I just returned home from a heartbreaking and inspiring service trip to San Salvador, El Salvador. This is a city of two economies. A city in which the average wage is $8 a DAY, but a Wendy’s combo meal costs $5.50 and gas is $4 a gallon. This is a city that has a lovely safe section of town that is just like any other Central or South American city. Lots of shopping, doctors, restaurants, 3- 4 bedrooms homes, etc. The homes in this part of the city also command rent around the $1,000 a month mark and most of the population makes about $200 a month.
The city and country has wide-spread poverty. We are talking extreme poverty. Poverty in which the squatter communities made up of concrete block along the railroad tracks are a step up from the squatter communities made up of corrugated metal that are built on an old landfill. Both of these communities are controlled by violent and ruthless gang activity. The residents in these communities often make $4 a day if they can find work at all. They must then pay the gangs $40 a month for a “protection” fee to continue to live in that neighborhood. School shootings are a common occurrence. The country has an incredibly high homicide rate due to the prevalent gang activity. Women and young girls sell themselves on the street by force or because they can’t find another job that could pay them $15 or $20 a day.
The situation seems hopeless to us, I can’t imagine how challenging it seems to those that live it. During our trip we had the opportunity to reach out to bring a morning of fun to over 600 of these children. While we aren’t under the impression that we are going to change their lives just by bringing a bounce house and some crafts to their neighborhoods, I believe we did succeed in bringing just a little bit of joy to their day. We allowed this kids to actually be kids for at least one morning.
One of the things that stood out to me during the trip was how happy people were, despite their dire literal life and death situations. It’s been challenging to come home to our very blessed lives and not be affected by my time there.
Here is a quick video of some of our time in El Salvador if you want to see what we were up to….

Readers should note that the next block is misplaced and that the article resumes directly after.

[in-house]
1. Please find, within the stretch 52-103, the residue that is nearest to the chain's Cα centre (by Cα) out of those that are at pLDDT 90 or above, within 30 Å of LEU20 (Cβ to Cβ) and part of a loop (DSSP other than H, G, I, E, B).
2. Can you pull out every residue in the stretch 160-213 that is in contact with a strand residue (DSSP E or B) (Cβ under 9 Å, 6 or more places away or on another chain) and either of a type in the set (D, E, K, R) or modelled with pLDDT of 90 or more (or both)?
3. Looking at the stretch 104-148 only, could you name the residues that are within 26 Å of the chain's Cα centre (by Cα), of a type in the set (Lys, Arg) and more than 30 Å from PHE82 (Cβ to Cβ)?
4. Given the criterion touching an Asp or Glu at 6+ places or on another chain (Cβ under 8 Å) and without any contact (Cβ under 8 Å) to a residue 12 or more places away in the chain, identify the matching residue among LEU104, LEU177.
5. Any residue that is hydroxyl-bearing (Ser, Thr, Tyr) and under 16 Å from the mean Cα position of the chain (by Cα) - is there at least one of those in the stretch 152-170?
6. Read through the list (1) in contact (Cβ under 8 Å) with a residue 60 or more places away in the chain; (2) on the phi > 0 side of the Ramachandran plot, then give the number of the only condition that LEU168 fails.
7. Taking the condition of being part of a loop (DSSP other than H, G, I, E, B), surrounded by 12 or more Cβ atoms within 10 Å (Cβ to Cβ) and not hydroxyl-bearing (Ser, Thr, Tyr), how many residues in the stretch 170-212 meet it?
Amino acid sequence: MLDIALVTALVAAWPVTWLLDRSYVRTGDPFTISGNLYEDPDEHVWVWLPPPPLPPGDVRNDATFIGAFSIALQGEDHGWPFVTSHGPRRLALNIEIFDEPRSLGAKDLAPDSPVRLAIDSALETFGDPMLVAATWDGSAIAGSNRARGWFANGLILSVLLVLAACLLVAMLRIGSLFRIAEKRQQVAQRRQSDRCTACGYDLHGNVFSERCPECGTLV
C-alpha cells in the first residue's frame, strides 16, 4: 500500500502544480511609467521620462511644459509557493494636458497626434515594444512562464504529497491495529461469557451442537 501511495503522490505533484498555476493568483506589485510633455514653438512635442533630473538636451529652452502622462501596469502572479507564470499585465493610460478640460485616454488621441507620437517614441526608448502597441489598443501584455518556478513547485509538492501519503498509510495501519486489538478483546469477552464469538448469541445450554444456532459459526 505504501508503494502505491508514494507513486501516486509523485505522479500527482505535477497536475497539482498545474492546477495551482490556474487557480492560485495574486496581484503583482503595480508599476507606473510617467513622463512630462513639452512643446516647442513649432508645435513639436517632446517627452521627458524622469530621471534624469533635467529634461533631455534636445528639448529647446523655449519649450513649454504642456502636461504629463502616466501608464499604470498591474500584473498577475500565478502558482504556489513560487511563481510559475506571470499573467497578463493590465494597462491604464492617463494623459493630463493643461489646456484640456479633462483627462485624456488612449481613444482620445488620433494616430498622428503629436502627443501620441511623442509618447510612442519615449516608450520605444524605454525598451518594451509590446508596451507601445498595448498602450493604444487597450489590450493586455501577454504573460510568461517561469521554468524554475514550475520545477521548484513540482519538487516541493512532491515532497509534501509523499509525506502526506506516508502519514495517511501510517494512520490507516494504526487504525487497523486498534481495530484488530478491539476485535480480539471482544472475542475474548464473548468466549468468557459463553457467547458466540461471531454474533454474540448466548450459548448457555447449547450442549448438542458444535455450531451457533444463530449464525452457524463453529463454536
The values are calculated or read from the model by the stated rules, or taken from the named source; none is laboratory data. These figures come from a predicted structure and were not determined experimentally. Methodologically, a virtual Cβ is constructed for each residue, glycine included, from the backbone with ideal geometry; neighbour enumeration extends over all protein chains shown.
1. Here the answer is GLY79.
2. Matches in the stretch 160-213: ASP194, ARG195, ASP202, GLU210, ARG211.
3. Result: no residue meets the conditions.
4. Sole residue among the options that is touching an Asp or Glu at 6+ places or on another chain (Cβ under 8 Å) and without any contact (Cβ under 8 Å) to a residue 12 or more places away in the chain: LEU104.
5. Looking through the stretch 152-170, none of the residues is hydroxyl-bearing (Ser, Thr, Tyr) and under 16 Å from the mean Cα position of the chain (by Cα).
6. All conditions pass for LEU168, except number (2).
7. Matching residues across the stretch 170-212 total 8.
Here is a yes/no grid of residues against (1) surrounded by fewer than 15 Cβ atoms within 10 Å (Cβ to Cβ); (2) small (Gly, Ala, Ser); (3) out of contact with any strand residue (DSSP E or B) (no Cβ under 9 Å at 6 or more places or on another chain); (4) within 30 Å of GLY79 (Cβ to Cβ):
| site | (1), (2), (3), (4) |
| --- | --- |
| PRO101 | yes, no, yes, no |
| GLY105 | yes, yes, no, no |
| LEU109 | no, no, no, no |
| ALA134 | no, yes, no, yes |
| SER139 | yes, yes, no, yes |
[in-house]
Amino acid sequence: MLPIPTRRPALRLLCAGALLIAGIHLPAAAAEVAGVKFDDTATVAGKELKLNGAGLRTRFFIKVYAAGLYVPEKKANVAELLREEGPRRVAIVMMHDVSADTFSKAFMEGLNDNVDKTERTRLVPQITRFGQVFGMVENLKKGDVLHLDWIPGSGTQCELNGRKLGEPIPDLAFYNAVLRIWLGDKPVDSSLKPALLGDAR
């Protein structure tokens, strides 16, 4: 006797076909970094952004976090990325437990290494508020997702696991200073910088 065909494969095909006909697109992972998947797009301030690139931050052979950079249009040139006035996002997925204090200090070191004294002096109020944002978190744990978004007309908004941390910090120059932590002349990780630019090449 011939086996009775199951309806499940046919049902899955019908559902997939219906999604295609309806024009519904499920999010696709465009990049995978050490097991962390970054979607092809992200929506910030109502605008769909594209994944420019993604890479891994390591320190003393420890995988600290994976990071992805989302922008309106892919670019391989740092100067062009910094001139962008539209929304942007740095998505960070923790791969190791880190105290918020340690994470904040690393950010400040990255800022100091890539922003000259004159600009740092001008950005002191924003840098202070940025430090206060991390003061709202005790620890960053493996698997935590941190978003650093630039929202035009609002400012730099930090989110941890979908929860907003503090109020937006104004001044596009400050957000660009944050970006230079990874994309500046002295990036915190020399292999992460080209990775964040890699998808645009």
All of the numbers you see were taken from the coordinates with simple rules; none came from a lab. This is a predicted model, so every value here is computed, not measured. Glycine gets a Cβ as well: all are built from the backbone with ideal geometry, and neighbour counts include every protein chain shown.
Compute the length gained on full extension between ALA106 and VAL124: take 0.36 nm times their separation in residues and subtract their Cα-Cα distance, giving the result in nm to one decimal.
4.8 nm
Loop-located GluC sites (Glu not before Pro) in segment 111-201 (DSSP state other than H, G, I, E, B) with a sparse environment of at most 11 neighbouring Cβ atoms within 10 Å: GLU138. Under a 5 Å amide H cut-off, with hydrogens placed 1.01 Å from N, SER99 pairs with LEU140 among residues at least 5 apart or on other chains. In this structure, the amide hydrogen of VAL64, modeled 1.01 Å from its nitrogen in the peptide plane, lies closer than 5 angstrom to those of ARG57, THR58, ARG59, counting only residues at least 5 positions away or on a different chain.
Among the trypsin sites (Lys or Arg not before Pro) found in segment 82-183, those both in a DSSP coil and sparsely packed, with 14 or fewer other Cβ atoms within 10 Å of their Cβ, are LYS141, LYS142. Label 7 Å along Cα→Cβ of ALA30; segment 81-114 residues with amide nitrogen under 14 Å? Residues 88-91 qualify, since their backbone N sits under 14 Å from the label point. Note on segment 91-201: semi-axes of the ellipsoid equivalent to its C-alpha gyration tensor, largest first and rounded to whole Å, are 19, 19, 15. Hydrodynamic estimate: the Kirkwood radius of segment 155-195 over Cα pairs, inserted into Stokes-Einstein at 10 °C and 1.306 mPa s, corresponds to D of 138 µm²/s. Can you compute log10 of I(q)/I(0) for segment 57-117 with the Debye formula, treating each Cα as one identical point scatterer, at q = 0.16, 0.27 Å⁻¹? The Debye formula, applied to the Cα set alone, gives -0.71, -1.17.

There are two main changes that I hope to be making to my life as a result of my time in El Salvador. The first is to really truly enforce more of a work life balance and try to be more present when I am with my kids. That means setting up FIRM shooting and working times in 2014. (I’m terrible about adding in a shoot here and there or offering to do a shoot on days that I don’t normally shoot at the sacrifice of my family time) It also means that I will do my best NOT to check email constantly on my phone and try to keep that during “office hours” only. I only checked email once a day while I was away…in the busy season….and it was fine!
I also hope to create more opportunities in my life to help others in my community. What causes are you passionate about that you could help in your community? Could you volunteer time to feed the homeless? Collect food for a food pantry? Donate toys for children who may not get a Christmas present this year without help? Volunteer to walk or photograph adoptable dogs? Become a foster for the overrun shelters? If you are interested in working with your shelters, check out the organization HeARTs Speak.
While your motive should be pure and come from a place of wanting to help the charity that you work with, there are plenty of opportunities to create some charitable marketing opportunities with your business as well.
Take a few minutes and enjoy the holidays. You only live once and I don't think ANYONE went to their grave wishing they had worked more….even if they loved their job.
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